Are you starting summer right? If so, we’ll see you at Dan’s Rosé Soirée Presented by Porsche. It is the Hamptons summer kickoff event, after all. The soirée, held at the Southampton Arts Center in Southampton on Sunday, May 28, will include craft cocktails and beer, chef tastings and, of course, rosé—North Fork rosé, South Fork rosé, from-around-the-world rosé—in all, 30 different rosés.
It’s widely believed that many of the earliest red wines made were much closer in color to what we consider rosé today. Even the Greeks and Romans would have slurped down refreshing glasses of the pink stuff. And not only because their water sources were often unclean, prompting them to drink wine like they were paid to do so, or because they mixed wine into their foul tasting water to make it more palatable. The simple reason their wine was pink was due to their winemaking techniques, which were, understandably, not as advanced as ours are some 2,000 years later. So, how are the expertly manicured glasses of rosé you’re sure to enjoy at Dan’s Rosé Soirée made? There’s more than one method when it comes to rosé production.
The first, most common, method is called maceration. This is used both in Long Island rosés and in wines from regions such as Provence and Languedoc-Roussillon in France, where rosé is just as popular as red or white wine. To macerate literally means to soften or to become softened by soaking in a liquid. In winemaking, it’s the process of soaking crushed grapes in a must—the unfermented juice containing skin, seeds and stems—in order to extract color, aroma and tannins. In a red wine, the grapes soak in this way for a long time. That’s how the wine gets its red color, as the natural pigments are concentrated in the skin. When making a rosé, the must is pressed, separating solids and liquids, after a significantly shorter period of time, and sometimes after as little as two hours. The juice then ferments on its own at a low temperature in order to preserve the maximum amount of aroma. This is how reds become reds; and the lack of maceration is what makes whites white.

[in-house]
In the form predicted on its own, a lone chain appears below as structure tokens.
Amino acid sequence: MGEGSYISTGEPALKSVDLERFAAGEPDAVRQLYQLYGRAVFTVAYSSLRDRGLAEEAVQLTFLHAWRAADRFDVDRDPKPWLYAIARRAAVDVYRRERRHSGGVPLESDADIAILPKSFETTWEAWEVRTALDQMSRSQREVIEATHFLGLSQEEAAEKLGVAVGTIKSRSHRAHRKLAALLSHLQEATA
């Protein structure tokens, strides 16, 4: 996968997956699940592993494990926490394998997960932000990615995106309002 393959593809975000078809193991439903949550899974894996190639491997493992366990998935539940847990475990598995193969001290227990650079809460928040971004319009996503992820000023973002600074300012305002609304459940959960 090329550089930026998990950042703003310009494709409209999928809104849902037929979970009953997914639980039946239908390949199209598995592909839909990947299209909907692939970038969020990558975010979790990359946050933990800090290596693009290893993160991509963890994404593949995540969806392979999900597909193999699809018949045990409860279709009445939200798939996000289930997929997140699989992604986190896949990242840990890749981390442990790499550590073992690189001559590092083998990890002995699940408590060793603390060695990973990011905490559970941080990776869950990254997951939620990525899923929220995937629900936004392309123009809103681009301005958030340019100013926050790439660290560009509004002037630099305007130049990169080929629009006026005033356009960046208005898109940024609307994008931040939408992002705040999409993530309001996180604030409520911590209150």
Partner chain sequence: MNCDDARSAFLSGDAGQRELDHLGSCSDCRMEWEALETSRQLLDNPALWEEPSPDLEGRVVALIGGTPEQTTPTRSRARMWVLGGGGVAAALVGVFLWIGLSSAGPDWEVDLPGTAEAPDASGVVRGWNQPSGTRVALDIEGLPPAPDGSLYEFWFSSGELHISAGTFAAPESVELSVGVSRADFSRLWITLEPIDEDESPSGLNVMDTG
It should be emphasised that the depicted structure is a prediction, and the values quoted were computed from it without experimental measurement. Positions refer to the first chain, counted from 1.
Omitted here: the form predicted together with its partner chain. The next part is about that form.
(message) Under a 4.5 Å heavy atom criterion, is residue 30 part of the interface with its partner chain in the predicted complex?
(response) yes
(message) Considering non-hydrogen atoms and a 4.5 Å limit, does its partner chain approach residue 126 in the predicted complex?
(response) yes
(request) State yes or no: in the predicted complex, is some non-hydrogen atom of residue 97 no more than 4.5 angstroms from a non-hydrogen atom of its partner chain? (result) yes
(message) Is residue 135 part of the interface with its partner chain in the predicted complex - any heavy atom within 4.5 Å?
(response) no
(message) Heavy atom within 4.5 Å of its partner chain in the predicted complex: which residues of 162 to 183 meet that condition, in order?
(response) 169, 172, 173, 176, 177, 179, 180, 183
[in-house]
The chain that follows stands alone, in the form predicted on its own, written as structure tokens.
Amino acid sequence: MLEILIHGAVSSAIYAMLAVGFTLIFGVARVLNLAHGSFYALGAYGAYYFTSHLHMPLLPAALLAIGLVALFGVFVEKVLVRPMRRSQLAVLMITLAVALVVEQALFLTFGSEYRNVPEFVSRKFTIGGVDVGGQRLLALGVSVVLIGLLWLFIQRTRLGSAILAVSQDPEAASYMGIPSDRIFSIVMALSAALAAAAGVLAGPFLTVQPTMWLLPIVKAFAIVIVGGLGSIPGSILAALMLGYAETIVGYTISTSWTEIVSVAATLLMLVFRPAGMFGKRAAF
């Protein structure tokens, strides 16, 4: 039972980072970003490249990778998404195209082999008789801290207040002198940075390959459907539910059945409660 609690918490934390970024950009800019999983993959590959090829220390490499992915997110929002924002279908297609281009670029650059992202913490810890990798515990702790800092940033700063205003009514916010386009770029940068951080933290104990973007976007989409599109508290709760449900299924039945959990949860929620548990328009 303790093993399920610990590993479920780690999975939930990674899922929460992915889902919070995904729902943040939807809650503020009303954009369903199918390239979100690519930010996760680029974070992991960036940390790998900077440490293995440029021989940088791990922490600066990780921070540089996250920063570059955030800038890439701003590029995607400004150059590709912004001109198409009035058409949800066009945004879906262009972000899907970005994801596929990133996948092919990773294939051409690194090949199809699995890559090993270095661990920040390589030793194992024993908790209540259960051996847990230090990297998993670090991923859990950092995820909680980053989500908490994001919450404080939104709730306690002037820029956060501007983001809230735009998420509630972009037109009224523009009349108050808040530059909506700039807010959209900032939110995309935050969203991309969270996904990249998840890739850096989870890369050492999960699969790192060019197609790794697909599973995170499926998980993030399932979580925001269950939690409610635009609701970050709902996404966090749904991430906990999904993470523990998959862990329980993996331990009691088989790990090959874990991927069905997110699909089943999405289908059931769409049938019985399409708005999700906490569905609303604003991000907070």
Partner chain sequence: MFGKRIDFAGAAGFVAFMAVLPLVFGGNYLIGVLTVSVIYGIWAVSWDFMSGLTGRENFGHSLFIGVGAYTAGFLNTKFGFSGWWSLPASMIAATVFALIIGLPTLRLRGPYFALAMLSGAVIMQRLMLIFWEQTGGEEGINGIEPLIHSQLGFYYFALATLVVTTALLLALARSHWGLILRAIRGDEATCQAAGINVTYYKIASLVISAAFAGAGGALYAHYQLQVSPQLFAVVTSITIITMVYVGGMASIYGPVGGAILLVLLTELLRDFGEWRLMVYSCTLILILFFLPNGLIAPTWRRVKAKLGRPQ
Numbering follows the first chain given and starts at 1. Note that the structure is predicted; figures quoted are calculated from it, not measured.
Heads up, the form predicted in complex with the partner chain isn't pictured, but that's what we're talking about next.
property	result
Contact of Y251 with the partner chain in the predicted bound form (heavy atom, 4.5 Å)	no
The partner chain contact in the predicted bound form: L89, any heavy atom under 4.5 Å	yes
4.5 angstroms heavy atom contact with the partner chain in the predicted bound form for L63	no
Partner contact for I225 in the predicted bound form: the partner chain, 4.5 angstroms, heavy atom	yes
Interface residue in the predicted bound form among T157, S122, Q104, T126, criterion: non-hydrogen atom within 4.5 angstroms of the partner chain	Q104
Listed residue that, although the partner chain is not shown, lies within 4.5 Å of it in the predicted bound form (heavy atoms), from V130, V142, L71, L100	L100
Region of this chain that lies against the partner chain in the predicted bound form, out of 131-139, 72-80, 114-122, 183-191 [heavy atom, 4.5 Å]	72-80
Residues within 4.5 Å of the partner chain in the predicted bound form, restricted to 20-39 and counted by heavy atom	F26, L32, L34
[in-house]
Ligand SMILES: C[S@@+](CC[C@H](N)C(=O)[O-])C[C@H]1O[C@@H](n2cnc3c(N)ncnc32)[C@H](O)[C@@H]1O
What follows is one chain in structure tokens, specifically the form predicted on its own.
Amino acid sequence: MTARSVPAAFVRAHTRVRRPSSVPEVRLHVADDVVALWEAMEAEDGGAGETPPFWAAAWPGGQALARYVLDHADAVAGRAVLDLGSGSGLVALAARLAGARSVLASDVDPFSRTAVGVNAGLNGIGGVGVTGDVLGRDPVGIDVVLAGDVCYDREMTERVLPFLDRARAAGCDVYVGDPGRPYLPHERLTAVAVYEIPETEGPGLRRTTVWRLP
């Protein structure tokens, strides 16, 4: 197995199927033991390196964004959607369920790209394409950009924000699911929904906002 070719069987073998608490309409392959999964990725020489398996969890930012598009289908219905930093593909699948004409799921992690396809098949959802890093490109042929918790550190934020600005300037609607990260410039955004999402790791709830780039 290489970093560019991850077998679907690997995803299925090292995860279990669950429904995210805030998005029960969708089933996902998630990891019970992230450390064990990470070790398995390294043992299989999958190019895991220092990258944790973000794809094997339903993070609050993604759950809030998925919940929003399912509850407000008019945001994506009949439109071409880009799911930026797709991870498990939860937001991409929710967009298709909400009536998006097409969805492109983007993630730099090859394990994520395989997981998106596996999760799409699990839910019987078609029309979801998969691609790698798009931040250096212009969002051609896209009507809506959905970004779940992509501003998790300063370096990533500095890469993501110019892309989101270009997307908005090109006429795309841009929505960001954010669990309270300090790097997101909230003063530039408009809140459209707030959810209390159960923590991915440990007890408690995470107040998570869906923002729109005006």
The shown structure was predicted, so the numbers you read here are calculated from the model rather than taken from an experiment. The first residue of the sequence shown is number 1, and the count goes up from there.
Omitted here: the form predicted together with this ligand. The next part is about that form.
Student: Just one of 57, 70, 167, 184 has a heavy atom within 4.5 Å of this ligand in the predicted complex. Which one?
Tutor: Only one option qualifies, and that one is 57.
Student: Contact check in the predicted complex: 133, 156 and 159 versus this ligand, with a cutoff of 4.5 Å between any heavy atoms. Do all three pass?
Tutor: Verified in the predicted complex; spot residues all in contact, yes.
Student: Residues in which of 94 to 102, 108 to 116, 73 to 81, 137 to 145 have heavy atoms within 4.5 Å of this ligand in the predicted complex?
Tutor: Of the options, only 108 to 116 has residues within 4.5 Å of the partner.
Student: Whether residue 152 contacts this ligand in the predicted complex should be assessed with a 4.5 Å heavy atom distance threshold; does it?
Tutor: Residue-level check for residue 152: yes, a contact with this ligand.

Another common method is pressing. This method is used by the majority of rosé makers in Provence and by Long Island wineries, including Jamesport Vineyards. “I press it all manually, observing the color and taste,” says Jamesport Vineyard winemaker Dean Babiar. This method yields a very light rosé as the skins are in contact with juice for a very short time before being delivered to the fermentation tanks.
More common in regions like Napa or Sonoma where fine red wines are produced is the saignée method. Saignée, for our non-Franophone readers, is French for “bleeding.” In this method, juice is extracted, or bled, during the first few hours of wine production, limiting the contact time between juice and must. The extracted juice is put into a new vat to ferment separately and voila, rosé. This method also benefits the reds. By bleeding the juice, its volume in the must is reduced, thus concentrating the red wine’s intensity. Bleeding is also used to impart more tannin and color to a red.
A fourth method, blending, is actually illegal in France, except in the Champagne region, where Ruinart Champagne Rosé is produced. This one is simple: you just mix a little bit of red wine into a vat of white. You could even do this at home if you find yourself plum out of rosé and too tipsy to go out and get more. Ingredients: Chardonnay and Pinot Noir; instructions: mix a maximum of one part Pinot to 20 parts Chardonnay. You now have homemade rosé, though this is not a recommended method and you should probably just stock up so you never run out. Or call Bottle Hampton—they deliver.
Find the latest info on all of Dan’s Taste of Summer events this summer—including Dan’s Rosé Soirée Presented by Porsche, the official kickoff event of summer in the Hamptons on Memorial Day Weekend, Sunday, May 28 at The Southampton Arts Center, 25 Jobs Lane, Southampton—at DansTasteofSummer.com.